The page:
Jon the Nazarite
What they say:
That grandiose book of occult lore, the Tarot, has the symbol of the
rose pressed within its pages. Perhaps the most significant image in
the deck is that portraying Death. This card retains its image and
its number throughout the history of the Tarot. Its likely origin is
in the Black Death which swept Europe in 1348 and which became a
popular image for artists and writers in the centuries that followed.
In the reknowned pack published by Waite, Death in black armour is
riding a white horse. He carries in his left hand a flag on which is
a white rose on a black field. In the field through which he rides
are a dead king, a curious child, a despairing woman and a praying
bishop. The sun is rising. The mysterious horseman moves slowly, and
the square black banner is emblazoned with the Mystic Rose which
signifies life. The interpretation of the card signifies renewal and
rebirth. Waite rightly called his study of the Tarot “fragments of a
secret tradition under the veil of divination”. The square banner
equates to the number four, a feminine number, and relates to the
elements and the Earth, and recalls all those sets of four things so
often met with in esoteric literature. In this context, the rose on
the banner is Rosa Mundi, emblematic of the eternal renewal of
manifestation through Anima Mundi, the Soul of the World.
Athol Bloomer wrote an extensive article titled Mystical Rose
The Magen David (the Shield or Star of David) is a symbol of the Rose
with its six points representing the six petals of the Rose
(Shoshan). The two triangles are the two mems of the name of Miriaim.
It is the union of the Divine Wisdom (the mem pointing downwards-mem
sofit) with the Mother of Understanding and Wisdom (Sophia) (the mem
pointing upwards). The Magen David is seen as a Key – it is the Key
of David. This key is the key to the Tower of David and the key to
the Rose Garden.
A similar claim was made, as I mentioned earlier, by researcher Uri
Ofir – that the origin of the Star of David is from the Tabernacle, a
year after the exodus, and that it was made by the Lord in the shape
of the Lilium Candidum (rose).
A big Star of David from late Byzantine period was found in the ruins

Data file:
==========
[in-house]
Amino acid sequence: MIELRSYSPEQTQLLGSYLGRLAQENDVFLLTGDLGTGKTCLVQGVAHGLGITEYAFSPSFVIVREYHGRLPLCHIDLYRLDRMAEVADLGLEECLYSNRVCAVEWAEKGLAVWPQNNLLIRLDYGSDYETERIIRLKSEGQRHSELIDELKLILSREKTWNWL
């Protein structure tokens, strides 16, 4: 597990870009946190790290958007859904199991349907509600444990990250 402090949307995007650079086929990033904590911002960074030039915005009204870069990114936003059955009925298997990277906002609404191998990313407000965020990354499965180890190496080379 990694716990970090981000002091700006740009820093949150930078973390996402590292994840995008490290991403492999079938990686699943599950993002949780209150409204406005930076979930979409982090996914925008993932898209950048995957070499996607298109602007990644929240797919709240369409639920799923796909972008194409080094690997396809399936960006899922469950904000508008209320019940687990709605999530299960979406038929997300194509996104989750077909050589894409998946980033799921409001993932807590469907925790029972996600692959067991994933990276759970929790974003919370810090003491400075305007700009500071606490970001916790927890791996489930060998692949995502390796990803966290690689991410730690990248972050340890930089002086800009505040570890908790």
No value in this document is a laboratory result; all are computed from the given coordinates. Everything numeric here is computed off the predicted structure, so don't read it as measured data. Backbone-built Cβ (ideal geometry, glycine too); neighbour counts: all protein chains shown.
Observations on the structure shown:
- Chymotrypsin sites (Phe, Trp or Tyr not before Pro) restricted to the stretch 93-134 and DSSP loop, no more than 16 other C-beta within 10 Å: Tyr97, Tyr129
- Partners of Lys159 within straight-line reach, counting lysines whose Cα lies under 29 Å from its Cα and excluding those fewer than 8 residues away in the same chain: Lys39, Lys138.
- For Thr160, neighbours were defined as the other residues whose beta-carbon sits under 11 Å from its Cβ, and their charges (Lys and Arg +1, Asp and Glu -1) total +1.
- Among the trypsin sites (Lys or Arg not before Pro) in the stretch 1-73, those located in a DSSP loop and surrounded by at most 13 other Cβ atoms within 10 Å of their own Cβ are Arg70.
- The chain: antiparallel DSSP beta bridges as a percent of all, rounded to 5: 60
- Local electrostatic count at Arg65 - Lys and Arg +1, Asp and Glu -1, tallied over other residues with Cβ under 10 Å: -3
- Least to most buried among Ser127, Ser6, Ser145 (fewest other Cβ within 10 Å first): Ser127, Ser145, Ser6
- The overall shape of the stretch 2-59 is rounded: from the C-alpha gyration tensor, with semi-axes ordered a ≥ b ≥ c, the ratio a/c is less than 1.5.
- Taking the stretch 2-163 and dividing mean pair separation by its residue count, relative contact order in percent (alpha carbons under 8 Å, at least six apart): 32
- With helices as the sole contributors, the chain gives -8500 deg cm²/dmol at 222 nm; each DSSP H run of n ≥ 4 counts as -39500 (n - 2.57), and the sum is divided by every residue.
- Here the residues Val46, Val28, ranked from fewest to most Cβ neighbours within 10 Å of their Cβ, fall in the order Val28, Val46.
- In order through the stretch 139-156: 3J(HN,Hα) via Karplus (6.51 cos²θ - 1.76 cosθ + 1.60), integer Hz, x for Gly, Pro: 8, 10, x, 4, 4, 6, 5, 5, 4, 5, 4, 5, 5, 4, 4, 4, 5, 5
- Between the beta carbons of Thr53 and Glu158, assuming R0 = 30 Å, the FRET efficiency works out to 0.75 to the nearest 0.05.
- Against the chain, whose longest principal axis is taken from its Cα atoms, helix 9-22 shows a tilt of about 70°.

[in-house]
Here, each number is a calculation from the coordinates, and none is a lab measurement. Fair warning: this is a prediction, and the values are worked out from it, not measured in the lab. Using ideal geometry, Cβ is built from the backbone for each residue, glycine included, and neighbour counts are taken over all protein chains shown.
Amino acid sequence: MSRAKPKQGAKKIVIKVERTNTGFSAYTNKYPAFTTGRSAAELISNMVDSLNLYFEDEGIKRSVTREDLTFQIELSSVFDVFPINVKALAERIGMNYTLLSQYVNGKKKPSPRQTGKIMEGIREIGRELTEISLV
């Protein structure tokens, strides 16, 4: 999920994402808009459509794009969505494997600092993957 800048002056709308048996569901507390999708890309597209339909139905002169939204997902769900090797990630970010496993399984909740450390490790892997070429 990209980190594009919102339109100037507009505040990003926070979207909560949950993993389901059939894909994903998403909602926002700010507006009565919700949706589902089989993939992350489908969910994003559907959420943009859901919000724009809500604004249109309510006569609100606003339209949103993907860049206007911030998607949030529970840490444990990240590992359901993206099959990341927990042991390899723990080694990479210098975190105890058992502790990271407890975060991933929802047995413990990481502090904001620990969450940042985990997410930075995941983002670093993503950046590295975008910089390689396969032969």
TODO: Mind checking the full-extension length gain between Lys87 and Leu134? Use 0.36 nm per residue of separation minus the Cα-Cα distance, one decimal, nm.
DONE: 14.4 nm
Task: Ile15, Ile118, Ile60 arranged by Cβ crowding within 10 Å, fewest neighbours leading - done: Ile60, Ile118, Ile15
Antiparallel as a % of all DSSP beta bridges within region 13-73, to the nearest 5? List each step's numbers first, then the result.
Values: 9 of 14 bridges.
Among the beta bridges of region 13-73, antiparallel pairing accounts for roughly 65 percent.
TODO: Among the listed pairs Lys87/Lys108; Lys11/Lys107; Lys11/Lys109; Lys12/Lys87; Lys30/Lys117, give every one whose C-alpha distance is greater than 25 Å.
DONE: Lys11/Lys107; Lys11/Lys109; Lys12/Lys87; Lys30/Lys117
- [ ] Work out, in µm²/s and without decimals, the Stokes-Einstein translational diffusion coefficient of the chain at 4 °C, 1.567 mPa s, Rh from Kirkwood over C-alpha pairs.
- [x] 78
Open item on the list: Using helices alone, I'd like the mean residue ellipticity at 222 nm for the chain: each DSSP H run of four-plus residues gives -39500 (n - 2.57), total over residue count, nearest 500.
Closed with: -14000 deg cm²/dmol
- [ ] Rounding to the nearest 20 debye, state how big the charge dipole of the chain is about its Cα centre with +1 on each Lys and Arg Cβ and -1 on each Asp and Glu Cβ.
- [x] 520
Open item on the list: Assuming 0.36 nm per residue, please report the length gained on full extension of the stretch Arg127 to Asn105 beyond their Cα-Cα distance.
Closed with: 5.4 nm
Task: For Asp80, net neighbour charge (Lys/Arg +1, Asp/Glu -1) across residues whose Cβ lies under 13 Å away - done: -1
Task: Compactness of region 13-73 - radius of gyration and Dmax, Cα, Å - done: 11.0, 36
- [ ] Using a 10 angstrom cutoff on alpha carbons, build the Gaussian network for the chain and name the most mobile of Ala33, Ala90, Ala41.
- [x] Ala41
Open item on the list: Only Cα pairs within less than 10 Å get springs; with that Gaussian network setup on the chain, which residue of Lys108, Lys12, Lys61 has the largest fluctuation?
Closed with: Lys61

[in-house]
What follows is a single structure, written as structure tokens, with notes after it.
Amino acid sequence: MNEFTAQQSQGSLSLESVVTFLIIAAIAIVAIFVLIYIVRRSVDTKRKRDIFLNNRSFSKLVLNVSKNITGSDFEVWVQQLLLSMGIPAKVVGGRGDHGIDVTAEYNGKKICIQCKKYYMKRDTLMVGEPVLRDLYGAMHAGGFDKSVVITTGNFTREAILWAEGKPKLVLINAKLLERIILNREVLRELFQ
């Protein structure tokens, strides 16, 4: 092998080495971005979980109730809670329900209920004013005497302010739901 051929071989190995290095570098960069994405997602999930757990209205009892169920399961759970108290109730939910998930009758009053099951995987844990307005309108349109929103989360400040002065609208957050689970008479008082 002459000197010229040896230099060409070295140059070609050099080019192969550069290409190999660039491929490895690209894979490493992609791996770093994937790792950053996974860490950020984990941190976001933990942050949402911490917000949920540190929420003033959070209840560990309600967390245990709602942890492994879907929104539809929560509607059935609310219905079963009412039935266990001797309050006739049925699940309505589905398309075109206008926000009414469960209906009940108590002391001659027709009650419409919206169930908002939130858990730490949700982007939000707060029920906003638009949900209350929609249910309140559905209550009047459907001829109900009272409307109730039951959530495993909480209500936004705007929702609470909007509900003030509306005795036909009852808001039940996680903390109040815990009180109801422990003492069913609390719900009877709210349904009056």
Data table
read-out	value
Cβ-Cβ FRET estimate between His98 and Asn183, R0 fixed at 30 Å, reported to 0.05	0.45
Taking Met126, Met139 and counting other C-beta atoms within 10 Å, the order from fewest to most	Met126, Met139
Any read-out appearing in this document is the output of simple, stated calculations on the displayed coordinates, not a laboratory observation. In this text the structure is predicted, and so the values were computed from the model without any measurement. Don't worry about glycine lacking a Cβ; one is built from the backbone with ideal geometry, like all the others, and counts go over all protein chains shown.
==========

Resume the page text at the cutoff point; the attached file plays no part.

of Sufa and in its center appears a side projection of a lily. See
In Hebrew the number six (Shesh) and the rose (Shoshan) sound very
The more I learn this subject the more I find that there is a close
relationship between these two emblems of the Jewish people – the
Star of David and the rose (Shoshanat Yaakov)…
5. The Definition of the Lily
Now it is required to examine what is the lily. To this end I read in
the Song of Songs:
“As the lily among thorns, so [is] my love among the
The translation says that the rose here is the Jewish people, this
verse talks about the resistant belief of Israel opposite the belief
of the nations of the world.
Iben Ezra’s commentary about this verse is that the rose is a white
flower that has a good aroma and six leaves (The Hebrew name of the
lily, “shoshana” , comes from the Hebrew word for six – “shesh”).
Professor Yehuda Felix in his book Nature in the Biblical land (In
Hebrew, page 266) says that the rose is the white lily (from the
I found that this family counts 100 different species and the white
lily is the single lily that grows naturally in Israel (Hebrew
Encyclopedia, value: rose).
I took this photo from above projection; in it the Star of David
(Magen David) is seen clearly.
OUR engraving borrows from the West Front of Laon Cathedral, France, a Catherine-Wheel (or ‘Rose’) Window. The twelve pillars, or radii, are the signs of the Zodiac, and are issuant out of the glorified centre, or opening ‘rose’–the sun, or ‘beginning of all things’. ‘King Arthur’s Round Table’ displays the ‘crucified’ Rose in its centre.
Click to enlarge
In the ‘tables’ (Tablier, Fr. = Apron), alternating with tying-knots, of the Order of the Garter–which ‘Most Noble Order’ was originally dedicated, be it remembered, to the Blessed Lady, or to the Virgin Mary–the microcosmical, miniature ‘King Arthur’s Round Table’ becomes the individual female discus, or organ, waxing and waning, negative or in flower, positive or natural, alternately red and white, as the Rose of the World: Rosamond, Rosa mundi. And here we will adduce, as our justification for this new reading of the origin of the Order of the Garter, the very motto of the princely order itself:
Honi soit qui mal y pense!
‘YONI’ soit qui mal y pense!
[paragraph continues] What this ‘Yoni’ is, and the changes meant and apotheosized through it, the discreet reader will see on a little reflection.
The Romance of the Rose
By Anthony Roe
(Originally published at Beltane 1997)